Coal Rocks On, Features

Dust in the wind: air pollution up 61% in 10 years

Australia’s coal mines have seen a 61% increase in PM10 particles during the past 10 years, according to analysis from Environmental Justice Australia.

Predictably, coal mining regions of Central Queensland, North West NSW, and the Hunter were home to mines producing the most particulate pollution.

Of note is Whitehaven’s Maules Creek coal mine, which, since construction began in 2014, has produced a considerable amount of dust, with more than seven million kilograms recorded last year alone.

Other mines in the North West also recorded increases in dust levels over five years, including Boggabri coal mine (23%), and Tarrawonga Coal Mine (9%).

Similarly, several Hunter Valley coal mines recorded increases in dust levels over five years, such as Yancoal Moolarben Coal Operations at Ulan (136%), Mt Owen Mine at Ravensworth (37%), Hunter Valley Operations – Coal and Allied (9%), Bulga Coal Surface and Underground Operations (12%), and Bengalla Operations – Coal & Allied (14%).

Adverse health outcomes

According to NSW Health, PM10 – also known as “coarse particles” could be associated with adverse health effects, such as:

• cough;

• wheeze, or worsening of asthma;

• increased need for medications (eg puffers, antibiotics);

• increased breathlessness;

• heart problems.

Singleton doctor Bob Vickers, from Doctors for the Environment Australia, said, “We are being told time and time again by the mines themselves, and the regulatory bodies, that best practice methods are being used to control air pollution.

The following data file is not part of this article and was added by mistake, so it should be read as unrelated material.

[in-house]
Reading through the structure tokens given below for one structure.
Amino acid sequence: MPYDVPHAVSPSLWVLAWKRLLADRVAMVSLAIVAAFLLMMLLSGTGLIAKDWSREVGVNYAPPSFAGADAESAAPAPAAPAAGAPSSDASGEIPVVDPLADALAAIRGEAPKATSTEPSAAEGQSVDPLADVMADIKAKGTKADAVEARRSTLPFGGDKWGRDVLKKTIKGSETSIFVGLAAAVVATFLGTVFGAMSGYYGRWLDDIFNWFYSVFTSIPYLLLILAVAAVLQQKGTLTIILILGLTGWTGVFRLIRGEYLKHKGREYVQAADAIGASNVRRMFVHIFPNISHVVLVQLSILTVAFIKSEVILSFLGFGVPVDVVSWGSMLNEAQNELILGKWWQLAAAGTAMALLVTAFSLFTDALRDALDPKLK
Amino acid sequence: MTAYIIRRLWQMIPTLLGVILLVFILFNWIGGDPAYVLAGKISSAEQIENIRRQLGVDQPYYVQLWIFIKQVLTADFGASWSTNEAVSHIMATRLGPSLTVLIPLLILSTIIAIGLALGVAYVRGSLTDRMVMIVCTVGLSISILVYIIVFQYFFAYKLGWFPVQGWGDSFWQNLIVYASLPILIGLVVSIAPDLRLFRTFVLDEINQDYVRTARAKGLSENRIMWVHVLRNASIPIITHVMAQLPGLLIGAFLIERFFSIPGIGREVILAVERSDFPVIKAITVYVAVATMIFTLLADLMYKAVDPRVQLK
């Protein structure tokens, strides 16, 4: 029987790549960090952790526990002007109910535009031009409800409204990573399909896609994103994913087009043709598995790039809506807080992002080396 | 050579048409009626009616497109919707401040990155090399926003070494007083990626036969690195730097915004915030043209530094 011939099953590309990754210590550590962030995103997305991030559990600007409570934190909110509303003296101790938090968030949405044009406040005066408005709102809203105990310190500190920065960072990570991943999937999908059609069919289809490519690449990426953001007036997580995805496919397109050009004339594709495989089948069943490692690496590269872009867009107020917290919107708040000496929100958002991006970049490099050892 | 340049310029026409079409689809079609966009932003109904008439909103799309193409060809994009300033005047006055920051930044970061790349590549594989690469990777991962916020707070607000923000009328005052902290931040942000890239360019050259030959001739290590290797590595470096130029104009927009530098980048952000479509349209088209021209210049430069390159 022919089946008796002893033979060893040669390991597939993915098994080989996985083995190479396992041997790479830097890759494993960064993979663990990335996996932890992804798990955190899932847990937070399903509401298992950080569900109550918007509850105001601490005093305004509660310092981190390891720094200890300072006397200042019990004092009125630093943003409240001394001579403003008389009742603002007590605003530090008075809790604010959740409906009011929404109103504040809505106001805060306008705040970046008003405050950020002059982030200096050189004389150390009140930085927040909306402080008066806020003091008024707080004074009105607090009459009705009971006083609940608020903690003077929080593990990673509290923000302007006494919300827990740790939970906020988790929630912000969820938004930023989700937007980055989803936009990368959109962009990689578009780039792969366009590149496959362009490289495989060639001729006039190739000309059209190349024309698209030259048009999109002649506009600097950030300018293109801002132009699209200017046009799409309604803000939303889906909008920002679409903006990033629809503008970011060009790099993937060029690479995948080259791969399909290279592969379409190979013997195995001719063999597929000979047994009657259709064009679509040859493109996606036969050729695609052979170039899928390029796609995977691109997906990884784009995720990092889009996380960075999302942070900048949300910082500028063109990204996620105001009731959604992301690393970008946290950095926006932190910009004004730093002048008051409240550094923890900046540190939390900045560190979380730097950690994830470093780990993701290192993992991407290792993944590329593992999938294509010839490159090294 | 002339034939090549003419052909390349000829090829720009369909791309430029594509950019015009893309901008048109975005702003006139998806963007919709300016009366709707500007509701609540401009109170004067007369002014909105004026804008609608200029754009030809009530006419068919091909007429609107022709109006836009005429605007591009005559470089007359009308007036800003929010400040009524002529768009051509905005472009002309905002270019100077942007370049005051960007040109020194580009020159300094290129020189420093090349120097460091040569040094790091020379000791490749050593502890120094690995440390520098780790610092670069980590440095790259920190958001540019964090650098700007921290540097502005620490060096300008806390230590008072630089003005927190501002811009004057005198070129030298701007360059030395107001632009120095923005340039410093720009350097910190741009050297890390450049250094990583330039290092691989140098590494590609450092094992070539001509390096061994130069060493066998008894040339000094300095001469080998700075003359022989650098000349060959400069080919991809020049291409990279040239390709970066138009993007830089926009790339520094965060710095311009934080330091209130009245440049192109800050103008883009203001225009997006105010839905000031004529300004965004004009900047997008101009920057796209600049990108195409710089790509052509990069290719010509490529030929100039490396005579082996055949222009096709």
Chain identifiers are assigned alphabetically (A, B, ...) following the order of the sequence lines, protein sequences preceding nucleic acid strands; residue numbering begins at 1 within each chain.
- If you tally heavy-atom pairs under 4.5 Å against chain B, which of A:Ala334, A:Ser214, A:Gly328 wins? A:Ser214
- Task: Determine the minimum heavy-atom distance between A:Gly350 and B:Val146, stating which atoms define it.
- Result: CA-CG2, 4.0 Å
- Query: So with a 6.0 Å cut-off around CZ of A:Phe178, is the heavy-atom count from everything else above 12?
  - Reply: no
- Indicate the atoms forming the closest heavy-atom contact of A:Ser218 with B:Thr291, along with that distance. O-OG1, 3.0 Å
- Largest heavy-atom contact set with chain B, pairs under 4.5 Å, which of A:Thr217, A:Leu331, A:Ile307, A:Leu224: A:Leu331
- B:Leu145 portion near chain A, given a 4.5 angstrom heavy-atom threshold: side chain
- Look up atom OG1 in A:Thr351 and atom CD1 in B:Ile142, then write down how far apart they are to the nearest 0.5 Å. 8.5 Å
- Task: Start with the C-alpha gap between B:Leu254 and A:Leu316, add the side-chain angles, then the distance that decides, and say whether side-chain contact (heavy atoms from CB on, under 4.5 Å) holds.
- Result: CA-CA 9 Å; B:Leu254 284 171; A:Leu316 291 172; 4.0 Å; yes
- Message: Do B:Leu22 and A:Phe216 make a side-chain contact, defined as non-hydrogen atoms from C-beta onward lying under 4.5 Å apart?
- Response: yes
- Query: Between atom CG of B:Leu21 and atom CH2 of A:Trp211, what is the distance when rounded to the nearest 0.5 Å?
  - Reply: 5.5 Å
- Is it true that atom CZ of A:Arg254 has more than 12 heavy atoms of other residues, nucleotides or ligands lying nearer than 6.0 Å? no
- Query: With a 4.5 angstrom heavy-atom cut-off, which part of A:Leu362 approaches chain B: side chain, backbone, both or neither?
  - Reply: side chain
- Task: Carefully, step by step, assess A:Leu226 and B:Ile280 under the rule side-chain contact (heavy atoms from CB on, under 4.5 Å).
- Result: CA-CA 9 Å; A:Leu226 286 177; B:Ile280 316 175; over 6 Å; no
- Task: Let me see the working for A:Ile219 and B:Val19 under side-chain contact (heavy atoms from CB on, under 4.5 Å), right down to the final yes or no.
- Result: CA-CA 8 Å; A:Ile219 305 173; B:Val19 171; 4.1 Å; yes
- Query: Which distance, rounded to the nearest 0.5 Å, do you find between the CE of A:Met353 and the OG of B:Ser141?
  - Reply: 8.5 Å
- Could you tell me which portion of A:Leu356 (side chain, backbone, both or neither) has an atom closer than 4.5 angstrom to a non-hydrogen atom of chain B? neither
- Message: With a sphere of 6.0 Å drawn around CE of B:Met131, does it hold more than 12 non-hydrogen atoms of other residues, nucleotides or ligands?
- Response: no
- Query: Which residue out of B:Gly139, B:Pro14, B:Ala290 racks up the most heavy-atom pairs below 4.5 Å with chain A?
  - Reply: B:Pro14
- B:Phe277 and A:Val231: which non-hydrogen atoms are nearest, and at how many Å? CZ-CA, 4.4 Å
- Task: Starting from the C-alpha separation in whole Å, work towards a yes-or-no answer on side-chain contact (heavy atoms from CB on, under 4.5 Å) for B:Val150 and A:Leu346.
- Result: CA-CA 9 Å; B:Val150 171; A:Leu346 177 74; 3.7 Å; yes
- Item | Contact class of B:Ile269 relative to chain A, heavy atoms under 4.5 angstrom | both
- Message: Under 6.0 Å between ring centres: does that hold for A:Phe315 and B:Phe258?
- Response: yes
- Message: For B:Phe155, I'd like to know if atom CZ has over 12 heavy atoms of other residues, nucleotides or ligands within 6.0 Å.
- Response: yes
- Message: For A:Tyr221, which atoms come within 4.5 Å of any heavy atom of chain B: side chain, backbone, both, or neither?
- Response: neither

“Clearly this isn’t the case. The children of the Hunter Valley already have unfairly higher rates of asthma than children in other parts of the country.

“We’re now in the middle of a respiratory virus pandemic, and now our airways and hearts have been weakened by this long-term exposure to air pollution. There is no better time to take serious action to reduce pollution than now.” 

Garden and water supply contaminated

Ros Druce, who lives on her family’s farm at Maules Creek said she had noticed an increase in coal dust since the mine opened, particularly its effects on her garden and rainwater supply.

“My shrubs including geraniums, which are nearly impossible to kill, a lot of them suffered severely during the drought and have died even though I was continuing to water them.

“When I inspected them, I found coal dust on the leaves and because the leaves of geraniums face up, they were collecting the dust.

“I also have to constantly clean the gutters due to all the fallout from the mine, prior to any sign of rain, otherwise all that black dirty stuff ends up in the rainwater tank when it does rain.”

Ms Druce said the NSW EPA also conducted a coal dust analysis in an enclosed barbecue area on the property, which revealed 10-15% coal dust was gathered.

Lock the Gate Alliance spokesperson Georgina Woods said people in the Hunter, particularly in the Singleton area, had long been complaining of increased air pollution.

She urged the NSW Environmental Protection Agency to add pollution from coal mining to its “load based licencing” scheme.

“This increase in air pollution across the nation is deeply concerning because we know it has an impact on people’s health,” Woods said.

“We urge the NSW Government to add particulate and other pollution from coal mines to its load based licencing scheme so the companies creating this pollution pay the cost of it. Putting a price on pollution will focus the attention of mine operators on how to clear the air.